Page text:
The United States has the highest incarceration rate in the world — about 1.6 million people in 2010. Mass incarceration in our country is a problem, one that too often serves to line the pockets of for-profit prisons while tearing families apart and targeting people of color disproportionately.
Beyond Bars — a project to curb mass incarceration in the U.S. — produced the following video that puts faces to that problem. Watch the moving video below, and ask yourself the question: would putting them in prison serve the common good?
We started making our new documentary “Redemption of the Prosecutor” for the same reason we always do: someone told us a story.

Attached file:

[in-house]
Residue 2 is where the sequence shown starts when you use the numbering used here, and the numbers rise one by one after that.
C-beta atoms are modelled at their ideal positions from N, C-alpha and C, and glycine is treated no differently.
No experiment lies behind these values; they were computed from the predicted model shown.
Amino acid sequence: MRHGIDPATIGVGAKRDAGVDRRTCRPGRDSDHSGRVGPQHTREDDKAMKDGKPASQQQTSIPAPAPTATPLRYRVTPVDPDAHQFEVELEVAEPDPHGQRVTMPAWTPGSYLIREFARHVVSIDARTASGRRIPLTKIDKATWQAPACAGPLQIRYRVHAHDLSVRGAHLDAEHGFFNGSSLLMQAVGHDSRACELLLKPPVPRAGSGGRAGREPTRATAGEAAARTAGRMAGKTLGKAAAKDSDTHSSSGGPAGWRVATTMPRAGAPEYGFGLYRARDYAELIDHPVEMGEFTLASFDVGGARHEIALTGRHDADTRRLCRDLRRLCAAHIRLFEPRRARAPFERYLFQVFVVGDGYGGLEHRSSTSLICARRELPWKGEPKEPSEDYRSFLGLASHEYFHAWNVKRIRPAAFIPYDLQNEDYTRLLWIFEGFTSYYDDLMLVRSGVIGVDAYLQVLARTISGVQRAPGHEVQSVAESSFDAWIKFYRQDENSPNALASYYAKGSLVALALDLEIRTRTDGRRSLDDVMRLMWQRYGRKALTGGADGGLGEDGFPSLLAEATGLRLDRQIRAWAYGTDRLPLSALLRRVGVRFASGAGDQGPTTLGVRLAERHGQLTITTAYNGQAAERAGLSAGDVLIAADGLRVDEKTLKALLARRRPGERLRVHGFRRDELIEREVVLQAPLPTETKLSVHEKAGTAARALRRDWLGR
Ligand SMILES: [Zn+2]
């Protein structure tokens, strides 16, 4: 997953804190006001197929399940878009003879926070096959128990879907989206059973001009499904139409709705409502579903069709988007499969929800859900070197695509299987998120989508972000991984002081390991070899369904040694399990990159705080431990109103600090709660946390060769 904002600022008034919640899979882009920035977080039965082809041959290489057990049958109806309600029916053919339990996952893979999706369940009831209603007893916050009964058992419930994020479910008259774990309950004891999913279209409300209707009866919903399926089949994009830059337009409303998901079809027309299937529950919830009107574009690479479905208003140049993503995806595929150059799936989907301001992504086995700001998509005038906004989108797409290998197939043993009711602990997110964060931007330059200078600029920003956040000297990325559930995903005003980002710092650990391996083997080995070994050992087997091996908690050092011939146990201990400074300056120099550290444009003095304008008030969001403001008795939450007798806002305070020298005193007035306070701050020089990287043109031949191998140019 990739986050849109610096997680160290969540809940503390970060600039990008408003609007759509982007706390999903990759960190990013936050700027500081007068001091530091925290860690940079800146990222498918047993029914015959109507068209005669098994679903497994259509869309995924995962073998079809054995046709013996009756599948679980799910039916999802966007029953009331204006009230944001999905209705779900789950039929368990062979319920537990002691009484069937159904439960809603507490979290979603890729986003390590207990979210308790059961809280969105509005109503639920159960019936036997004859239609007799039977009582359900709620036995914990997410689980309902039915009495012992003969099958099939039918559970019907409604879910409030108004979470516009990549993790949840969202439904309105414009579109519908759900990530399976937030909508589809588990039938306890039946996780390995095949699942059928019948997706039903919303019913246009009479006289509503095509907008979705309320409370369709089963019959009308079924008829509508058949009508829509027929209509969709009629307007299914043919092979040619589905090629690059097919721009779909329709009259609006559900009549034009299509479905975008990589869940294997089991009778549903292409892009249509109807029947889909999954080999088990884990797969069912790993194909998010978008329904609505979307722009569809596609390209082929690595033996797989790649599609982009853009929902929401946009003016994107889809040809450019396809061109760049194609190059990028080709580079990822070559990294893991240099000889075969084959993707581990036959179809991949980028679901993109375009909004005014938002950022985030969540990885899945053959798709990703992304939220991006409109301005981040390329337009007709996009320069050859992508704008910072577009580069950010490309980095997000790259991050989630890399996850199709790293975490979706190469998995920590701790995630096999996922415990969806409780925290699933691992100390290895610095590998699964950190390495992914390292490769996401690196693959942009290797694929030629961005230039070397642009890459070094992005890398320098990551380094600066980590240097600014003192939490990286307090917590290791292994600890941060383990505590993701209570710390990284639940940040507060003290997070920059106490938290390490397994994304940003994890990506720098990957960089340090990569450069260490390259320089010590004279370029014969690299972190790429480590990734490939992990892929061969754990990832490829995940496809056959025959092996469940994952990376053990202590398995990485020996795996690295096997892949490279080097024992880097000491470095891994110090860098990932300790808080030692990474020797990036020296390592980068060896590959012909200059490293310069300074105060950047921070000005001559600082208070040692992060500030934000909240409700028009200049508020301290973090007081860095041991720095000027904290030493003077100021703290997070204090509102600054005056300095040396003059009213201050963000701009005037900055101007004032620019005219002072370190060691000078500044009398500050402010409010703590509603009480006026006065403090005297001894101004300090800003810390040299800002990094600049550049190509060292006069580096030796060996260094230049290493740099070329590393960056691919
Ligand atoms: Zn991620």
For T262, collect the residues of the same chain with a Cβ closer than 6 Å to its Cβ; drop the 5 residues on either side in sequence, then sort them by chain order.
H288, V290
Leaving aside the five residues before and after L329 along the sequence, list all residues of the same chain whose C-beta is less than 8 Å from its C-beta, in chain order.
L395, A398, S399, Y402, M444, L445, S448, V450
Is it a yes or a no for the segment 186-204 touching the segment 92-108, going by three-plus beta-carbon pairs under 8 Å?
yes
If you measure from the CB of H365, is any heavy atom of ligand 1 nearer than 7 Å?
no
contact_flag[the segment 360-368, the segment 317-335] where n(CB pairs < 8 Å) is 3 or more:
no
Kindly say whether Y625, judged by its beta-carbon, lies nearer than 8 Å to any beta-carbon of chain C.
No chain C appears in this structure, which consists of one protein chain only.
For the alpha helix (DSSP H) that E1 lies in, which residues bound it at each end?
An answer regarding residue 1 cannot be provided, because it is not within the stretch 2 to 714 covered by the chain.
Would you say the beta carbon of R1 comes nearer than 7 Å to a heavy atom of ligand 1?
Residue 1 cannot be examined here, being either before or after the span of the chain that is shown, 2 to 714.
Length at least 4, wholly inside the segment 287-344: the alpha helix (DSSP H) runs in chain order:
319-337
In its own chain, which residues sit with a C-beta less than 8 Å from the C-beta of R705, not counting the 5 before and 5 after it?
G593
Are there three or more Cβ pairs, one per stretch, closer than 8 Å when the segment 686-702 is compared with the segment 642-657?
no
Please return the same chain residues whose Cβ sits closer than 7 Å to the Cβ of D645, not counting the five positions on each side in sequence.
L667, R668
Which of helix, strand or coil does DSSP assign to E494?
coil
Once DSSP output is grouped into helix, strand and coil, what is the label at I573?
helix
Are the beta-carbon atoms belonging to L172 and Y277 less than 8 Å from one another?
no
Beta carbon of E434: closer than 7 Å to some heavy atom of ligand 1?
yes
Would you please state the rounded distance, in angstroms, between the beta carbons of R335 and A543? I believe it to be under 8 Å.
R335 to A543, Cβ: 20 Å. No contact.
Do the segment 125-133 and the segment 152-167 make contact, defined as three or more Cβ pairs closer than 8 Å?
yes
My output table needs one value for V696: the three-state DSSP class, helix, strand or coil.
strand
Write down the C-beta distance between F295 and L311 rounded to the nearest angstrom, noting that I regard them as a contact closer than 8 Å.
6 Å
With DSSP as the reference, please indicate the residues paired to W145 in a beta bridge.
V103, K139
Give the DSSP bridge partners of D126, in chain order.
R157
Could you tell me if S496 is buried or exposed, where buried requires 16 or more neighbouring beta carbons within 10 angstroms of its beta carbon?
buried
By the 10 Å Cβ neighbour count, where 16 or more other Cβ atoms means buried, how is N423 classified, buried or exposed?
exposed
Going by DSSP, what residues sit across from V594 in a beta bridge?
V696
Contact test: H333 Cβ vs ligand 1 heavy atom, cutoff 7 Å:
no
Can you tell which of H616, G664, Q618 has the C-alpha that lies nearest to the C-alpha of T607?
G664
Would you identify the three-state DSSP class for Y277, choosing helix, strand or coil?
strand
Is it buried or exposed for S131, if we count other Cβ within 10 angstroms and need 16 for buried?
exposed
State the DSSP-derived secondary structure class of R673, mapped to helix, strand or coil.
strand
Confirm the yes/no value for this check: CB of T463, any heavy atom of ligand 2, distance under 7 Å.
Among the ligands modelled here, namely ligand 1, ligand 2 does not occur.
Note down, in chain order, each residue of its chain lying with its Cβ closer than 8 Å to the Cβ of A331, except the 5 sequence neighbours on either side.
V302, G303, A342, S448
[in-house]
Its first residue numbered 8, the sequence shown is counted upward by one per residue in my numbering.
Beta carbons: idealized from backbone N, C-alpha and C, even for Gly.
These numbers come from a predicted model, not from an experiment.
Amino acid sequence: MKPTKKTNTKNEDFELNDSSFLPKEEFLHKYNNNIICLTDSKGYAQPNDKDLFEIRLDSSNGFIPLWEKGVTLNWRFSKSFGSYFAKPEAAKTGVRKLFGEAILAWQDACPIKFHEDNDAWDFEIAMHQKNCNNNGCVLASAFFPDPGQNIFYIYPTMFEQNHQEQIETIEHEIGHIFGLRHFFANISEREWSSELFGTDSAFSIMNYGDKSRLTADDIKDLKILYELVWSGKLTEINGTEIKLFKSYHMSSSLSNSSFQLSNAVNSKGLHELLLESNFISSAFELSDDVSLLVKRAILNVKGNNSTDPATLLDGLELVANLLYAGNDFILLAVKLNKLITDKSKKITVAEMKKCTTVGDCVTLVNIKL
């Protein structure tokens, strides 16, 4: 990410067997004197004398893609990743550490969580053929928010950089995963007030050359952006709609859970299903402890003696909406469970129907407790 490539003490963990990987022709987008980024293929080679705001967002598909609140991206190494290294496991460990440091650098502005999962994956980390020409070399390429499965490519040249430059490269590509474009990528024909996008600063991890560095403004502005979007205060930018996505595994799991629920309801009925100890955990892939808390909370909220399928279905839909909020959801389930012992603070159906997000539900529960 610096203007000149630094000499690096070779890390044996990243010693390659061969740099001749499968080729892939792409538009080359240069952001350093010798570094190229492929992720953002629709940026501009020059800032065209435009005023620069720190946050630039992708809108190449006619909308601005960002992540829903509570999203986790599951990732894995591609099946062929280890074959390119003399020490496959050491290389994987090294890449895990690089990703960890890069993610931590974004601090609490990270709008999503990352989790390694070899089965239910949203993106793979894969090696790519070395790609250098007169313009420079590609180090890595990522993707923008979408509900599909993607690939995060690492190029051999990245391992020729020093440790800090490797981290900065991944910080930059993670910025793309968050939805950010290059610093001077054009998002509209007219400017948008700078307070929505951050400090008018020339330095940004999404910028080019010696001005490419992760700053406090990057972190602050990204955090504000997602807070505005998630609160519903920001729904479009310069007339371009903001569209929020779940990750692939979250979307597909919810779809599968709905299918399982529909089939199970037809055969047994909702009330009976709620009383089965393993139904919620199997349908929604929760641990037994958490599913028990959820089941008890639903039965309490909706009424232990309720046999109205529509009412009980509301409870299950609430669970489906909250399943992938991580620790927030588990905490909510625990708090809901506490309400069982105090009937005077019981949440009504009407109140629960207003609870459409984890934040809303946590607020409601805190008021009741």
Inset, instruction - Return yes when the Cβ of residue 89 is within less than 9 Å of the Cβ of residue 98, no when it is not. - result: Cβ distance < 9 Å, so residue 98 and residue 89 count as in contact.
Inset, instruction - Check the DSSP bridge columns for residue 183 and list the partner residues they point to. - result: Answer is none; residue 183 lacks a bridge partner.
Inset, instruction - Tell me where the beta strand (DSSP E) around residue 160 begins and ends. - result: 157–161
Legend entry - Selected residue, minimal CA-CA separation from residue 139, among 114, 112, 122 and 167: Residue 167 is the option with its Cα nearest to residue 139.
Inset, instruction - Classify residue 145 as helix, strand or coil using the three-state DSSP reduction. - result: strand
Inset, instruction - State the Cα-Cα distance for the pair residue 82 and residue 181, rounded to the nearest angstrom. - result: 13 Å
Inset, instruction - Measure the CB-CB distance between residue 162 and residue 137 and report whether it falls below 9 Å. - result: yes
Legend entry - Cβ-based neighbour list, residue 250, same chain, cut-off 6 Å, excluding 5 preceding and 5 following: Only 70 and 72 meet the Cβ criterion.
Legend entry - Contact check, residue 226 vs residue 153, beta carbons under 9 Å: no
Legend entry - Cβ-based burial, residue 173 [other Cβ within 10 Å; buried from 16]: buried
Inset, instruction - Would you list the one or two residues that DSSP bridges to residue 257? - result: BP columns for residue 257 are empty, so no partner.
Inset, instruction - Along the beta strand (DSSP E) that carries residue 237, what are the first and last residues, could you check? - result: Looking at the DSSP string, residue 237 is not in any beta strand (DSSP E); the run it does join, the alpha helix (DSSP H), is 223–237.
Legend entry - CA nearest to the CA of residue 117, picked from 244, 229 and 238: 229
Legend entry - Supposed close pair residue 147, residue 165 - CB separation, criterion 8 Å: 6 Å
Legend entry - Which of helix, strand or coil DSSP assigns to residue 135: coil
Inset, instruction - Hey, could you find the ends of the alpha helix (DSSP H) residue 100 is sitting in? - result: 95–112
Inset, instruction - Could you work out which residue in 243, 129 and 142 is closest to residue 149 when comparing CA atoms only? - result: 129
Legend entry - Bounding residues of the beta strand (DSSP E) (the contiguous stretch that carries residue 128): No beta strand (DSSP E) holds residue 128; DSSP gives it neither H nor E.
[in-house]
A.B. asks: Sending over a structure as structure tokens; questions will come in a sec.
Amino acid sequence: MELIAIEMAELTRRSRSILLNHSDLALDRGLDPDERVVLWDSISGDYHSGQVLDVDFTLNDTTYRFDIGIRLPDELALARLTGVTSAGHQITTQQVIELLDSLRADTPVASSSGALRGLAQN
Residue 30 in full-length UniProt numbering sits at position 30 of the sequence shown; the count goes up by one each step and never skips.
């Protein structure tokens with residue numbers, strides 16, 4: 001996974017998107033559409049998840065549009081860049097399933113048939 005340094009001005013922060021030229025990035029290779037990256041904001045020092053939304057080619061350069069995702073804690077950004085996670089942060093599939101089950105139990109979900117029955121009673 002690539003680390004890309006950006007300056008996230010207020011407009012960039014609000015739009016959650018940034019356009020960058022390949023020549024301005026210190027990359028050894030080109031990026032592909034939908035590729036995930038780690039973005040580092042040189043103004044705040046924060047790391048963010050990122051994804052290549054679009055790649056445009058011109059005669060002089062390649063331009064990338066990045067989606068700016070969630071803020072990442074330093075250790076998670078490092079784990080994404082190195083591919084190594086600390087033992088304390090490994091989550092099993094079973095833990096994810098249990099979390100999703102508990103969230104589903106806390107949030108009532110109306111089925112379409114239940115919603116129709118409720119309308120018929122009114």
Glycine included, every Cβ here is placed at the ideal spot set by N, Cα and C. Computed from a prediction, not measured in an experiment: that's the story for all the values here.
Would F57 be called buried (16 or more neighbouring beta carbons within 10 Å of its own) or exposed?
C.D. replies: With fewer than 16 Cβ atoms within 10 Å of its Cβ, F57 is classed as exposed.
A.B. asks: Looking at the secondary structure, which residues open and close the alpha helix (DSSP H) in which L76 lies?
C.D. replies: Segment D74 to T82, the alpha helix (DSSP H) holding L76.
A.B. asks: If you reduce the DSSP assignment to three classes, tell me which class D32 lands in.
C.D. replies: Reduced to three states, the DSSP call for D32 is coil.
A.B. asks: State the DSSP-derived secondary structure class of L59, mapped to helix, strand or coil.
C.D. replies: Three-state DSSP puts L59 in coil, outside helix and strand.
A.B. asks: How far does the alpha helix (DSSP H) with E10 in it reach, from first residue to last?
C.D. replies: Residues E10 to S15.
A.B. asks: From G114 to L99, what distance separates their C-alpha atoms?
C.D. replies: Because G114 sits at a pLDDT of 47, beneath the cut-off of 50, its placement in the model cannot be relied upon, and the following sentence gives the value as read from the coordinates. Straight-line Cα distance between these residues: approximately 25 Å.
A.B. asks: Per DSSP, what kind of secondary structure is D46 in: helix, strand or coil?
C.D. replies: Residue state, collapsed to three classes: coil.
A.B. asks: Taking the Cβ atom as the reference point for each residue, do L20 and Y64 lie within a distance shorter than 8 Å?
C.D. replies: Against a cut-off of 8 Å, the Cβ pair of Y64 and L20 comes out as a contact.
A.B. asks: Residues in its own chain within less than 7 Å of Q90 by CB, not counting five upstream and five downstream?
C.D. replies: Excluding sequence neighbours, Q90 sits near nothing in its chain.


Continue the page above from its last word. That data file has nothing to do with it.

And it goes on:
Bill Mefford works in the social justice office of the United Methodist Church, and he called us last August to say he’d just seen an amazing talk. The talker was one Preston Shipp, a devout Christian and former prosecutor from Nashville who went into a local prison to teach. When Preston heard the inmates’ stories, he began to realize how unjust the system was. He was especially torn up about an inmate named Cyntoia, who was Preston’s star student and had received a life sentence as a juvenile. Preston underwent a spiritual crisis that boiled down to a fundamental question: “How can I reconcile the job I was being asked to do as a prosecutor with my faith in Jesus, who proclaimed release for prisoners?” We won’t give away the ending, but there’s a surprising twist that left us saying this is a story that needs to be told in churches across America.